20. July 2015

Headache for Phi­lae

Test­ing with the Phi­lae lan­der ground mod­el
Image 1/2, Credit: DLR (CC-BY 3.0).

Testing with the Philae lander ground model

En­gi­neers at the DLR Lan­der Con­trol Cen­ter test new com­mands for the Phi­lae lan­der on a ground mod­el.
Comet 67P/Churyu­mov-Gerasi­menko on 9 Ju­ly 2015
Image 2/2, Credit: ESA/Rosetta/Navcam.

Comet 67P/Churyumov-Gerasimenko on 9 July 2015

This Roset­ta nav­i­ga­tion cam­era im­age of Phi­lae's 'home' on Comet 67P/Churyu­mov-Gerasi­menko was tak­en on 9 Ju­ly 2015 from a dis­tance of 154 km from the comet cen­tre.

On 9 July 2015 at 19:45 CEST, Philae reported back to the team at the German Aerospace Center (Deutsches Zentrum für Luft- und Raumfahrt; DLR) Lander Control Center (LCC) – only to then go back to 'silent mode'. Since then, the team has been working hard to get back in contact with the lander and operate it to conduct scientific measurements. "We sent a command to turn on the Rosetta Lander Magnetometer and Plasma Monitor (ROMAP), but have not seen a response," explains DLR's Philae project leader Stephan Ulamec. Using an identical model in the Microgravity User Support Center (MUSC) at DLR, the engineers are currently testing various commands, with which they want to enable and optimise Philae. "In the telemetry received, we have observed signs that Philae could have moved and that its antennas are thus perhaps more concealed or their orientation might have changed."

Philae's move

In the data previously sent by Philae from the surface of Comet 67P/Churyumov-Gerasimenko about its condition, the lander has also transmitted information about the sunlight reaching its solar panels. “This profile – where panels are receiving a great deal of sunlight – has clearly changed between June and July,” says Ulamec. “This cannot be explained only by the course of the seasons on the comet.” The lander could have moved, for example, due to outgassing during the comet's awakening. After a not entirely smooth landing on 12 November 2014, Philae finally halted at a crater rim on uneven terrain – for this reason, even a slight change in its position could mean that its antennas are now obstructed by more objects above it. This would affect communication with Philae.

Blind commands as backup

It is also possible that one of the lander's two radio receiver units is damaged and that one of the transmitter units is not fully functional. However, Philae is programmed to switch back and forth between the two transmitters periodically. This could also explain why contact with Philae is irregular. "We have therefore tested a command on our ground model that will cause Philae to only interact with the functional transmitter." This command has been transmitted to the lander. This 'blind commanding' – without the lander sending a confirmation – should make it possible for it to receive the command and execute it as soon as it is supplied with solar energy during the comet day and switches on.

The engineers at the LCC are also testing another command on the ground model of Philae; they want to try to activate a 'work package' on the lander that was successfully executed in November 2014 during the landing and is still stored by Philae. At that time, the team at the LCC had supplied the lander with a kind of 'emergency program', so that it could still operate five instruments without communication. This occurred as the engineers at the consoles had to adjust their plans to adapt to the evolving situation with a new landing site. "With this work package, the thermal probe MUPUS measured temperatures, ROMAP and SESAME conducted measurements, and PTOLEMY and COSAC researched in 'sniff' mode," says Ulamec. "All of these instruments require no detailed commands, but the stored work package must first of all be retrieved." If this idea works, once Philae switches on, it would start to conduct scientific measurements and then send the data to Earth.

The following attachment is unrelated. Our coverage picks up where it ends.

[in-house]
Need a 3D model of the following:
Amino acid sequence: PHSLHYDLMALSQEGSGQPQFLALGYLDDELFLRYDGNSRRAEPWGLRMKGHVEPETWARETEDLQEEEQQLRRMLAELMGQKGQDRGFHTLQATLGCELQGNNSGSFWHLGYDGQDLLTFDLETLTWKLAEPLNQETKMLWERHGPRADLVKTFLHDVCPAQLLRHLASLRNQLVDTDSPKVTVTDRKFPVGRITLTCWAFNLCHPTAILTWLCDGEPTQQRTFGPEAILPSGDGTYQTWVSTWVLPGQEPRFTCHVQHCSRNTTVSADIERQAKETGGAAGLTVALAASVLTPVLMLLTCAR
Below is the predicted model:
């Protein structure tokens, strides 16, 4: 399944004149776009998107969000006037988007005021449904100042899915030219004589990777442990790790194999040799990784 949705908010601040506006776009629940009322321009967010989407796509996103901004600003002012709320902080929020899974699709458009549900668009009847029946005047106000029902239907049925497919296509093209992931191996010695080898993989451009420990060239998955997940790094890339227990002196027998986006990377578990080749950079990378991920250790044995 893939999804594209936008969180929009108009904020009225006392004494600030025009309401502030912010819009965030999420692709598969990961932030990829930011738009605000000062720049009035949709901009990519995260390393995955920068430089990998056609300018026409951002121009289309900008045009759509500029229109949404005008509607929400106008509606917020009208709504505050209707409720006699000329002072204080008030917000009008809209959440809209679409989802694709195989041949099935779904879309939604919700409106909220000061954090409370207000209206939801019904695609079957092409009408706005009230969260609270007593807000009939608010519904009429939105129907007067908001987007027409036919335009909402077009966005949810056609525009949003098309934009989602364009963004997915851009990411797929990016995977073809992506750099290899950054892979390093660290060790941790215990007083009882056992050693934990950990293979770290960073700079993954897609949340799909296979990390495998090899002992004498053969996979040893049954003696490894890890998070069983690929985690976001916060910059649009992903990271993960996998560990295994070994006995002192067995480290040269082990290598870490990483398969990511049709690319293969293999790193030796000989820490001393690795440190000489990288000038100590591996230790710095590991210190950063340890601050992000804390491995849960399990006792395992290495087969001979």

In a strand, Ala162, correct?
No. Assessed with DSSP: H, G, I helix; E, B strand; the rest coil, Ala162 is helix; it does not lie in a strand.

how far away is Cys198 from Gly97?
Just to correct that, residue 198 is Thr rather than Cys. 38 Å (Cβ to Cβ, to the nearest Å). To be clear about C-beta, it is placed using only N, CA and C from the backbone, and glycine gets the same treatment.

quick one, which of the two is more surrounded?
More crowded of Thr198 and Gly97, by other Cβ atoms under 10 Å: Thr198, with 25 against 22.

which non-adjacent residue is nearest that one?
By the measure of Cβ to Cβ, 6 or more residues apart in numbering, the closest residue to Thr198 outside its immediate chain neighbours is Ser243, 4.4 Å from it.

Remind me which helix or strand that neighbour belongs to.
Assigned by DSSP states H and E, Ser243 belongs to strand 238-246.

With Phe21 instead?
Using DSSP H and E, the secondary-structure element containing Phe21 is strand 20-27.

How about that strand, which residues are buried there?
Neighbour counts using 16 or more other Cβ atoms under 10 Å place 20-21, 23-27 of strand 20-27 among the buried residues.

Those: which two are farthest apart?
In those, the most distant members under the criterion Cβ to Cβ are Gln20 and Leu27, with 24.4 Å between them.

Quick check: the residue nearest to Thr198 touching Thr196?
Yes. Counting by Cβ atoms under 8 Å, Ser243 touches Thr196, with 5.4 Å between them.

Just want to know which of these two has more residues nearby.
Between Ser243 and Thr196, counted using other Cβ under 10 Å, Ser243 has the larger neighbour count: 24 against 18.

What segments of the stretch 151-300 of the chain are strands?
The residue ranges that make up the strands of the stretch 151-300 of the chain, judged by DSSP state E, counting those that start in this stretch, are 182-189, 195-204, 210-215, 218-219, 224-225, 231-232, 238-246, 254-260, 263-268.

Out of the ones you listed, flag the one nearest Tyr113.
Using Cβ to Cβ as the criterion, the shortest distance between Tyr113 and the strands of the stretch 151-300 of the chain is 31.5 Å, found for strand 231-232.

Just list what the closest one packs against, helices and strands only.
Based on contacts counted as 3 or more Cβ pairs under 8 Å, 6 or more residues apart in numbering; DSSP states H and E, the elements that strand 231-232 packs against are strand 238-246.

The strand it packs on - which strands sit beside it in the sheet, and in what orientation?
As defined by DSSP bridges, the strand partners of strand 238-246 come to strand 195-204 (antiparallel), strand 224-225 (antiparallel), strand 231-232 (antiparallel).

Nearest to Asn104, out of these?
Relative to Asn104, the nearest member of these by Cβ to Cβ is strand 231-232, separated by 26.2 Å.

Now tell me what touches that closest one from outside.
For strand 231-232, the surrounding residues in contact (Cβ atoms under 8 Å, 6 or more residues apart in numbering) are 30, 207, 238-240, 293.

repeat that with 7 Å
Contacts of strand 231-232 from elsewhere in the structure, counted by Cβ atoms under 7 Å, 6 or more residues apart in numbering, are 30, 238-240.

Interaction between lander and orbiter

Until 24 July 2015 the Rosetta orbiter will fly an orbit that satisfies the requirements of the lander and follow a path that is favourable for communication between the two spacecraft. Then, Rosetta will fly with its 11 instruments over the southern hemisphere of the comet, which is now increasingly illuminated by the Sun. Here, the attempts to communicate with Philae will alternate with the priorities for observation with the orbiter instruments. The comet's increasing activity – with its gas and dust ejections –does not allow the orbiter to fly very close to the comet's surface. On 12 July 2015, Rosetta’s star trackers were once again affected by the dusty environment. For this reason, the orbiter is now flying at a safer distance of 170–190 kilometres.

Of course, the Philae lander team at DLR has not given up. "The lander is obviously still functional, because it sends us data, albeit at irregular intervals and at surprising times," says Ulamec. "There have been several times when we feared that the lander would not switch back on, but it has repeatedly taught us otherwise."

The mission

Rosetta is an ESA mission with contributions from its Member States and NASA. Rosetta's Philae lander is contributed by a consortium led by DLR, MPS, CNES and ASI.

  • Manuela Braun
    Ger­man Aerospace Cen­ter (DLR)
    Pro­gramme and Strat­e­gy, Space Re­search and Tech­nol­o­gy
    Telephone: +49 2203 601-3882
    Fax: +49 2203 601-3249
    Hansestraße 115
    51149 Cologne
  • Stephan Ulamec
    Phi­lae Lan­der Project Man­ag­er
    Ger­man Aerospace Cen­ter (DLR)
    Space Op­er­a­tions and As­tro­naut Train­ing
    Mi­cro­grav­i­ty Us­er Sup­port Cen­ter (MUSC)
    Münchener Straße 20
    82234 Weßling
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